“It won’t help,” Connie said.

Ed ignored me and stared at Virginia and then at Connie, his finger shaking at them each in turn. “I’ll blast you with my phaser! I’ll turn you into a five-headed Dradzilla! I’ll rip off your heads and put your sallory bodies into outer space!”

Virginia turned and left the room, cussing under her breath. Connie got up off the couch and followed her, saying, “Oh. Oh. Oh,” down the hallway. She had a panic disorder and would need to be soothed. Walter started to snore.

Ed’s face went slack. He lowered his arm and sank into the nearest chair.

“I’m sorry, Dollop,” he said, staring straight ahead.

Stone Cold, now upright, kicked Mr. Perfect in the stomach.

I sat down next to him. “Let’s talk about better ways to express your anger.” Procedure was a buoy I clung to when I didn’t know what else to do.

“Not that,” he said. “I’d rather smoke, Dollop.”

“My name is Jody.”

“Whatever you say, Dollop.”

Dollop. Every time Ed said it, I tensed. The episode was over and Ed was composed, but I could still feel my heart thumping. Ed sounded crazy. He was crazy.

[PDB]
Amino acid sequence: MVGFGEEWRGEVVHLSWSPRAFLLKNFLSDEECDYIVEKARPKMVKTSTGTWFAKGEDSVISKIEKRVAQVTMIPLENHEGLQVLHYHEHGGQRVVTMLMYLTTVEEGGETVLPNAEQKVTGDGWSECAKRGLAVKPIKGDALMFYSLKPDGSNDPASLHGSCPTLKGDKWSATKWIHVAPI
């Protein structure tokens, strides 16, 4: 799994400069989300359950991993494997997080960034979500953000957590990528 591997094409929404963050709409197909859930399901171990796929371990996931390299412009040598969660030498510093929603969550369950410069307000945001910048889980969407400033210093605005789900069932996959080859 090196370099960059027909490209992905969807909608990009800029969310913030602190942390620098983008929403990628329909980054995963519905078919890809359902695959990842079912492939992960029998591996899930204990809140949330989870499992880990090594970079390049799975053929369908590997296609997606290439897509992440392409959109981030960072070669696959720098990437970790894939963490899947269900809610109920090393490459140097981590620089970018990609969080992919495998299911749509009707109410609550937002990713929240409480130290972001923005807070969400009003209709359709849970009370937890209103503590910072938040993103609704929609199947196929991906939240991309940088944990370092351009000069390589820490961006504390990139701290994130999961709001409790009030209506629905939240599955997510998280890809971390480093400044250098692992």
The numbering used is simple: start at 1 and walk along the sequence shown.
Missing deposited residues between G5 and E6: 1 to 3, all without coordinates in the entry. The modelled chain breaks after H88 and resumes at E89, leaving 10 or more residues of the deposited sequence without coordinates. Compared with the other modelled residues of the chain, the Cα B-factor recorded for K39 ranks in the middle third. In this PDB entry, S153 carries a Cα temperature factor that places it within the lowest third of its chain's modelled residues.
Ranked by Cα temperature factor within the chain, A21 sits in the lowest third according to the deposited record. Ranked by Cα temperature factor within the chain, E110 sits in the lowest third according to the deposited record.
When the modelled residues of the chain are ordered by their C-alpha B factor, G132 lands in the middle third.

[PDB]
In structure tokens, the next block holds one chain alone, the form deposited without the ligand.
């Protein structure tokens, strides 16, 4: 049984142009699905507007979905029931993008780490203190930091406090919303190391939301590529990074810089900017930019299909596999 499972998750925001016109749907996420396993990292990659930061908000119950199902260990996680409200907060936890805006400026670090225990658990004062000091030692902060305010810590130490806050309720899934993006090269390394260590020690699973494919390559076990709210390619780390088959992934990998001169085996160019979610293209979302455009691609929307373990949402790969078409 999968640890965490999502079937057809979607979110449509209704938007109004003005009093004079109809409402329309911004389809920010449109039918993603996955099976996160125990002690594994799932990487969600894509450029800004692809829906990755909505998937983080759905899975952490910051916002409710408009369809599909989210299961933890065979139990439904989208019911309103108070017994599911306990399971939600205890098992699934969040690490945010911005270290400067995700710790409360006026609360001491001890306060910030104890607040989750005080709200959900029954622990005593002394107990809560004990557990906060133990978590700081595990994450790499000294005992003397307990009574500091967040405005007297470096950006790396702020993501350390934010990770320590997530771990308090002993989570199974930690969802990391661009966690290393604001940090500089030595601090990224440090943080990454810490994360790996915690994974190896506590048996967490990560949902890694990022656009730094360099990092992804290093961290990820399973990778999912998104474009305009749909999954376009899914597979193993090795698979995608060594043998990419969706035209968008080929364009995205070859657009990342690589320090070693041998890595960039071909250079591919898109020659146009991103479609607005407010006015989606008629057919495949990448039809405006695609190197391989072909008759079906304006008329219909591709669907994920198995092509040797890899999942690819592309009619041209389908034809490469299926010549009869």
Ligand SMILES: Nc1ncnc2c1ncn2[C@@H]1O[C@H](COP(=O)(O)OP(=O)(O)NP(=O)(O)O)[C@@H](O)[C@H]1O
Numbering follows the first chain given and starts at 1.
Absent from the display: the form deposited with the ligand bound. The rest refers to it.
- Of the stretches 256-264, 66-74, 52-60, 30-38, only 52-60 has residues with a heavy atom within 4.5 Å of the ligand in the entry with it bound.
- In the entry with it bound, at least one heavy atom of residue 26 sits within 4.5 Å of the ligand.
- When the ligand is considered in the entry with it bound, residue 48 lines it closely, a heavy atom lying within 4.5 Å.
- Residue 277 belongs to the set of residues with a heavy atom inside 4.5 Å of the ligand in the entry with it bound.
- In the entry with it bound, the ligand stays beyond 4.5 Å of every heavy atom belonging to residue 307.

At the time I knew Ed (a pseudonym, as are all the names I use here), I was a recently hired rehabilitation specialist for a twenty-eight-bed residential treatment facility for the severely mentally ill. I took the job because I didn’t know what else to do with my lapsed English degree. Since graduating college eight years earlier, I had quit one job after another. This one promised better pay, and the weekend and weeknight hours meant I could dabble in classes at the local university. Daily confrontation with troubled teenage girls in my previous job had left me weary. I had thought that working with adults would be less stressful than working with teenagers and still be more fulfilling than waitressing (which I had already tried at two establishments), but I could see now that I was wrong about the first assumption, anyway.

One night Ed invited me to play King’s Corner in a large sitting room nicknamed the Pink Room. He spent most of his evenings in the Pink Room, wearing his blue winter coat, his hands trembling as he shuffled a deck of cards for a game of solitaire—the only activity that kept him quiet, which is what the other residents wanted. The Pink Room had pink carpet and walls, a color palette that was once believed to promote a feeling of calmness in the occupant, similar to the once-hoped-for effect of Baker-Miller pink in the Santa Clara jail. It was a short-lived effect: after fifteen minutes, the inmates began scraping the paint off of the cell walls with their fingernails.

“Walla with me, Dollop,” Ed said.

Walla. Some of his word salad was easy to figure out. Play.